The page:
Genotypephenotype Correlation

Identification of the CF gene, designated CFTR for ''cystic fibrosis transmembrane conductance regulator,'' occurred in 1989.[1,2] It encodes a membrane-embedded ion-channel protein responsible for transport of sodium and chloride. The gene is 230 kbp long, encompassing 27 exons that produce an mRNA of 6500 nucleotides.

Gene sequencing in an initial series of affected patients revealed a recurring deletion, a three-nucleotide mutation of codon 508, which specifies phenylalanine in the protein product.[2] This mutation, now designated AF508, has come to be known as the most prevalent (approximately 70% of Caucasian carriers) and ''classical'' CF mutation. It is generally associated with severe disease, including pancreatic insufficiency, although this is not always the case. Since that original discovery, we have come to appreciate the remarkable molecular heterogeneity of CF, perhaps the most dramatic of any Mendelian disorder under study. There are now over 1000 mutations documented in the CFTR gene (www.genet.sickkids.on.ca/ CFTR), and the range of clinical manifestations can be quite wide. Unfortunately, attempts to predict disease severity based on genotype have been frustratingly inconsistent, making genetic counseling for couples at risk rather difficult. Although some mutations are less likely to cause pancreatic insufficiency,1-3-1 there are exceptions to all of the rules. Even the classic AF508 mutation may not always produce severe lung disease, even in the homozygous state.[4]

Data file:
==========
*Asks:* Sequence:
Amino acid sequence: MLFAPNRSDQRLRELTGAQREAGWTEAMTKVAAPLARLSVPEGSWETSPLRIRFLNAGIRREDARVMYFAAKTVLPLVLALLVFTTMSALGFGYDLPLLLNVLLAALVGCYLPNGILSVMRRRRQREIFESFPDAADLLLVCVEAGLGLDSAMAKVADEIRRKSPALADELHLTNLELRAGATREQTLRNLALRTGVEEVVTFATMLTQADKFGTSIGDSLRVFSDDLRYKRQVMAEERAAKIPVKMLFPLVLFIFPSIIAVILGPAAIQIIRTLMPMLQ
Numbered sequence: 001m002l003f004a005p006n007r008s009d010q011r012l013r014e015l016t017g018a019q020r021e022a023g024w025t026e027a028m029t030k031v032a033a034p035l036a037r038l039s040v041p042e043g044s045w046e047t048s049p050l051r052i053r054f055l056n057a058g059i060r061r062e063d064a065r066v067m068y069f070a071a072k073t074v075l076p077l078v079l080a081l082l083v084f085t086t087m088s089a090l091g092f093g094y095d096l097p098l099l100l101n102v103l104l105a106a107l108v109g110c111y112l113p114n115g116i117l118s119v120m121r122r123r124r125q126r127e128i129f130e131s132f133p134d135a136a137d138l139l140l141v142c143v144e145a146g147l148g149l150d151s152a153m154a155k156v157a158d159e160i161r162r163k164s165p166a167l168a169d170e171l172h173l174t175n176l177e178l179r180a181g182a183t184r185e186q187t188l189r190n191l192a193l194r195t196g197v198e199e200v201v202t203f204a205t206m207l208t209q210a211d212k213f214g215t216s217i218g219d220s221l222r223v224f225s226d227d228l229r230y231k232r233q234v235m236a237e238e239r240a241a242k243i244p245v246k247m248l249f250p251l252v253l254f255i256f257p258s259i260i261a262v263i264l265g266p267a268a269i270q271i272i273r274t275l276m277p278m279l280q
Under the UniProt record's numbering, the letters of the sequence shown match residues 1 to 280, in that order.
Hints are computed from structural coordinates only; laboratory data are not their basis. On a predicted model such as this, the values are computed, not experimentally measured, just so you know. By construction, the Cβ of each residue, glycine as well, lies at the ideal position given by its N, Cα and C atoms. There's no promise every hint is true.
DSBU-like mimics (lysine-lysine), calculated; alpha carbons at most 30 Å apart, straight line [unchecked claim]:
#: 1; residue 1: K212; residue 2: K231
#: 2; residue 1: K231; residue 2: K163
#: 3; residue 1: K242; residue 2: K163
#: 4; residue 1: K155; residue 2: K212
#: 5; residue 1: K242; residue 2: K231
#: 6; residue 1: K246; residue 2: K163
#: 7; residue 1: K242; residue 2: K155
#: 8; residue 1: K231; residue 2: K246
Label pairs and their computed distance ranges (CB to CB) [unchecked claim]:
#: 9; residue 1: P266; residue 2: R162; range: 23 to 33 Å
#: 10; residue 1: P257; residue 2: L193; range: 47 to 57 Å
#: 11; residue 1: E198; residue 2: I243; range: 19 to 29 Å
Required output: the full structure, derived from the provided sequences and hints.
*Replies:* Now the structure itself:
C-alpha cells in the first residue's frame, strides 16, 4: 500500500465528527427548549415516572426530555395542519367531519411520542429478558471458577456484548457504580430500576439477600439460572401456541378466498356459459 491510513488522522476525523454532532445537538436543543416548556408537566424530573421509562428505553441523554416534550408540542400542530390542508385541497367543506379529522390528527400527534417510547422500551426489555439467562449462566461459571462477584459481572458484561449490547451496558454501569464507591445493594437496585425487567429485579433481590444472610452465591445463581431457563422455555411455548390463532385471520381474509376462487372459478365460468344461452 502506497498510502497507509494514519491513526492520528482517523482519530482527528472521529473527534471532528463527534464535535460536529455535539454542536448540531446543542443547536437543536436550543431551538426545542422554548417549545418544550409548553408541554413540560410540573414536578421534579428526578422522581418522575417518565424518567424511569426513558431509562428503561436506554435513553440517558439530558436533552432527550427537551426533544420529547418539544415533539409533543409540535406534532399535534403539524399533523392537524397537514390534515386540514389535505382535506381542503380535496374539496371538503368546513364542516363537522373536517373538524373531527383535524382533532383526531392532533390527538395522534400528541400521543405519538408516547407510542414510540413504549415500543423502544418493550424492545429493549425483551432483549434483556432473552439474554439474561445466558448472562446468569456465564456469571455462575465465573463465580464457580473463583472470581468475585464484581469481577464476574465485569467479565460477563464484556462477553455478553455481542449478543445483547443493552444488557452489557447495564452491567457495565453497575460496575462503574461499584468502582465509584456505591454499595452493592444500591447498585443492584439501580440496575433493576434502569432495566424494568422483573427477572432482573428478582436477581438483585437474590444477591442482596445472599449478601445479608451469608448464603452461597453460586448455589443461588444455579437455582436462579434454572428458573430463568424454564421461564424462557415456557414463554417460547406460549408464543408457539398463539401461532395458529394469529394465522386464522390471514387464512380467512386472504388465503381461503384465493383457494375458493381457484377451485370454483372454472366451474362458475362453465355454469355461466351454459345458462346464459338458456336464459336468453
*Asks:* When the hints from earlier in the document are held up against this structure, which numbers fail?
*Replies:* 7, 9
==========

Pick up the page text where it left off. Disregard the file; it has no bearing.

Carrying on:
Getting Started With Dumbbells

Getting Started With Dumbbells

The use of dumbbells gives you a much more comprehensive strengthening effect because the workout engages your stabilizer muscles, in addition to the muscle you may be pin-pointing. Without all of the belts and artificial stabilizers of a machine, you also engage your core muscles, which are your body's natural stabilizers.

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